120 high-ranking police officers were detained and arrest warrants were issued for 46 others for using ByLock, an encrypted instant messaging app known to be used by members of the Gülen Terrorist Group (FETÖ) for internal communication in a nationwide operation on Friday morning.
The operation aims to target a total of 166 officers, a police official said, adding authorities were continuing to look for the remaining suspects. Those detained or sought were police employees, including 13 police chiefs, 114 ranking officers and 39 regular officers.
The operation was focused on Istanbul police headquarters but simultaneous raids were carried out in 35 provinces.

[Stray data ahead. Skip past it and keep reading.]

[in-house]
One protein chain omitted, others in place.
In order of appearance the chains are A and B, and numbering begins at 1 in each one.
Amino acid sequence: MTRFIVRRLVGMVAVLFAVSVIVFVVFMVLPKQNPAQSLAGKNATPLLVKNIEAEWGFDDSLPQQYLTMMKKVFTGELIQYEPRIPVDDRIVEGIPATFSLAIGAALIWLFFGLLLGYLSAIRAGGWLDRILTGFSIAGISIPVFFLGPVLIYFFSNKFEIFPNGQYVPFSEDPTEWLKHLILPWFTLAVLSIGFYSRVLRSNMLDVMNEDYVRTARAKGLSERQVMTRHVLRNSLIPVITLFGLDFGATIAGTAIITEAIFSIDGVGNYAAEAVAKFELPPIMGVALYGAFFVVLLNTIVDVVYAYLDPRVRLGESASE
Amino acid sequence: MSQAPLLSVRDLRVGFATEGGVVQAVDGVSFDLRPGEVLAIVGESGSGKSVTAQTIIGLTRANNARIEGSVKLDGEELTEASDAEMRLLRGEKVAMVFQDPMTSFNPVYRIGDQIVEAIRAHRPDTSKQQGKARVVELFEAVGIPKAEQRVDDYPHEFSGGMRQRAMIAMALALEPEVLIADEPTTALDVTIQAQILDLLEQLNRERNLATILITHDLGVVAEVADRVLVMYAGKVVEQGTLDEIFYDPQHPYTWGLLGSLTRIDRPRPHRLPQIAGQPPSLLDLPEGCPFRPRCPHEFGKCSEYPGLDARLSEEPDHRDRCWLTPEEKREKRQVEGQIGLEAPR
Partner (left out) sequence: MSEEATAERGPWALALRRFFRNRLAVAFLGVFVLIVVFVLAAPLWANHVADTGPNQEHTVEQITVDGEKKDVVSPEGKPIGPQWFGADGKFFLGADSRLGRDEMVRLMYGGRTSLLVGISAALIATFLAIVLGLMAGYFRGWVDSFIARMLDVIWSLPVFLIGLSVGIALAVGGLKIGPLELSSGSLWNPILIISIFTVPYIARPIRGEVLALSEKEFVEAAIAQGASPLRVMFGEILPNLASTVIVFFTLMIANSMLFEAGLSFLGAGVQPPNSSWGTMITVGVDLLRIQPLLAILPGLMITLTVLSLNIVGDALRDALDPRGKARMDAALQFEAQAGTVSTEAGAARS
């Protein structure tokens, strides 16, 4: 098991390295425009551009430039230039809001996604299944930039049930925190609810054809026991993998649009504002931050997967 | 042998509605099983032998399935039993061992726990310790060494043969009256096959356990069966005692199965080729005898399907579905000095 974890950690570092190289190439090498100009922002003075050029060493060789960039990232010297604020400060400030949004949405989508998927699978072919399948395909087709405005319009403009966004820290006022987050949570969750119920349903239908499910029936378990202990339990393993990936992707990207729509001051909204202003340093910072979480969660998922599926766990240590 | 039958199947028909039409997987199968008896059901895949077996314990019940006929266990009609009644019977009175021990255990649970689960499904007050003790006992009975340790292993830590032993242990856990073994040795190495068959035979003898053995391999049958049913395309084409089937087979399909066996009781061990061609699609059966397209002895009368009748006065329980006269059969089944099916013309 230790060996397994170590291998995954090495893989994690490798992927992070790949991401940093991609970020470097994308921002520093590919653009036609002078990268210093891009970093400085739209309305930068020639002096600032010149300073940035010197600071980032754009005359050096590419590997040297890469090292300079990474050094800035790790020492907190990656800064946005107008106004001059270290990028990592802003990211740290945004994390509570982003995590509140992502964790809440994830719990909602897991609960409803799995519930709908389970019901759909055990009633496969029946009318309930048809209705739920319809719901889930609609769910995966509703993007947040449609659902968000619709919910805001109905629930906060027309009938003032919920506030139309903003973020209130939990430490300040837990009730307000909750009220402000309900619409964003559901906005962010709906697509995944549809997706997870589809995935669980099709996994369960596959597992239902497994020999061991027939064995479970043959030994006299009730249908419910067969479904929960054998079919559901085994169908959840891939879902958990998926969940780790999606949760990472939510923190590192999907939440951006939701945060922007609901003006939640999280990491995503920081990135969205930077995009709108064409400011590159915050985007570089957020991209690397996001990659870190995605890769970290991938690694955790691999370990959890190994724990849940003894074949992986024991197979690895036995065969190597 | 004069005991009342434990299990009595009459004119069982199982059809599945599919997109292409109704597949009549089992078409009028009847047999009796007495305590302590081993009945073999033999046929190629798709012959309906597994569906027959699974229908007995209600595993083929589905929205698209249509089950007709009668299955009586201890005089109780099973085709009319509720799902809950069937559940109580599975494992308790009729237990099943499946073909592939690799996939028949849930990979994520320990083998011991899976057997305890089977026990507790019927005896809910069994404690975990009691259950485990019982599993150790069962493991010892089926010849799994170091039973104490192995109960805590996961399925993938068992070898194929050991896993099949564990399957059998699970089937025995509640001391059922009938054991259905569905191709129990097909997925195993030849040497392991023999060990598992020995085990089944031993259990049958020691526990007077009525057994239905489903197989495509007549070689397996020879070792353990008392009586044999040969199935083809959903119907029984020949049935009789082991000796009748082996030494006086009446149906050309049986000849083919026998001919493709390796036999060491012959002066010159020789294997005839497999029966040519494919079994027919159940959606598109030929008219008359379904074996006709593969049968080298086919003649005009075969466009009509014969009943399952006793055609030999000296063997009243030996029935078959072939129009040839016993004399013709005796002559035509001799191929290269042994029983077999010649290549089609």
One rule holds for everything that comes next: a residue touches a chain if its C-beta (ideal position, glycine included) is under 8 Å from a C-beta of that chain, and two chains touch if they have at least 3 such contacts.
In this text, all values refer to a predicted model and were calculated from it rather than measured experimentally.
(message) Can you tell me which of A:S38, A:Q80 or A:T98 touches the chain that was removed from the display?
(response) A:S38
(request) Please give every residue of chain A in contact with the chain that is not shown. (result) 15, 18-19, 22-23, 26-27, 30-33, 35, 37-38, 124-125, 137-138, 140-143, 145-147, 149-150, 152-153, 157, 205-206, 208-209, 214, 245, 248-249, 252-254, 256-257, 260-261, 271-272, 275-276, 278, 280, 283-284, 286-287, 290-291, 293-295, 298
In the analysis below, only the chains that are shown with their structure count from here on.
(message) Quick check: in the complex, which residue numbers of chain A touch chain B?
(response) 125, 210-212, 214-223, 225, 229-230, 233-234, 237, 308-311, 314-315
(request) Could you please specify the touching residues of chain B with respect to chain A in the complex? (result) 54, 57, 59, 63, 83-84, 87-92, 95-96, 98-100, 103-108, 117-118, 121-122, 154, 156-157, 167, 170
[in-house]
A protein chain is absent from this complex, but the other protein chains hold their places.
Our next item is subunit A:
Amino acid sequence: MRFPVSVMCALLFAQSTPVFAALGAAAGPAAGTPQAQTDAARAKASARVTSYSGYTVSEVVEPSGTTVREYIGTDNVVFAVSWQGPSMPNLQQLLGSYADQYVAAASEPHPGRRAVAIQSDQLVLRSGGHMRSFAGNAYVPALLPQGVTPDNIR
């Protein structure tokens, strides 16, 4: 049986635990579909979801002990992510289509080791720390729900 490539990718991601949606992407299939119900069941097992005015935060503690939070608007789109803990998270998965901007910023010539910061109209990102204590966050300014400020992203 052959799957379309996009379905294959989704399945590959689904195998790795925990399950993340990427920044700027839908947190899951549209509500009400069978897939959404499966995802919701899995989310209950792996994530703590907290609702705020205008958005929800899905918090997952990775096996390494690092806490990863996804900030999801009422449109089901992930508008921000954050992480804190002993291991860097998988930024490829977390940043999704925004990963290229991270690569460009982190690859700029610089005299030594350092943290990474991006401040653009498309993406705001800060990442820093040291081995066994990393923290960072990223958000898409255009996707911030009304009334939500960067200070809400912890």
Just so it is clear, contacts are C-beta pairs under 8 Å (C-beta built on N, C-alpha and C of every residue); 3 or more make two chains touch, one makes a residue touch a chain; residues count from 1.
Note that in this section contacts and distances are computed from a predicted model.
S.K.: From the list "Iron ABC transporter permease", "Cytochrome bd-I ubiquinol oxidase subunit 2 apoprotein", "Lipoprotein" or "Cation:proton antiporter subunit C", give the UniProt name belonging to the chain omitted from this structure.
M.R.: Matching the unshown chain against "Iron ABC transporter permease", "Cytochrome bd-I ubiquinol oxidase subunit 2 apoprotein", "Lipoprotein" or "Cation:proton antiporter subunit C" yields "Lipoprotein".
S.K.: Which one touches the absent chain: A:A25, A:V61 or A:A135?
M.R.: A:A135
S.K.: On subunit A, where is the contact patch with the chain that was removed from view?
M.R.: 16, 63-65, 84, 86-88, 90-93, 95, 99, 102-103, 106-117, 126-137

The smartphone app is believed to have been cracked by Turkish security agencies before the defeated coup and reportedly identified tens of thousands of members of FETÖ, which the government has said was behind the attempted takeover.
The codes of Bylock were broken in August, resulting in 60,000 members being uncovered. Another encrypted messaging app, Eagle, was also deciphered by intelligence officers recently.
Prosecutors say that Bylock was popular among Gülenists as a secretive form of communication from 2013 to 2015. Various ministries have since launched an investigation into workers who allegedly used Bylock by actively suspending and terminating app users who were found to be active members of FETÖ.
The failed July 15 coup attempt, which left 241 people dead and nearly 2,200 injured, was organized by followers of Gülen, who has lived in self-imposed exile on a 400-acre property in the foothills of the Pocono Mountains in Pennsylvania since 1999. Gülen has led a long-running campaign to overthrow the state through infiltration of Turkish institutions, particularly the military, police and judiciary.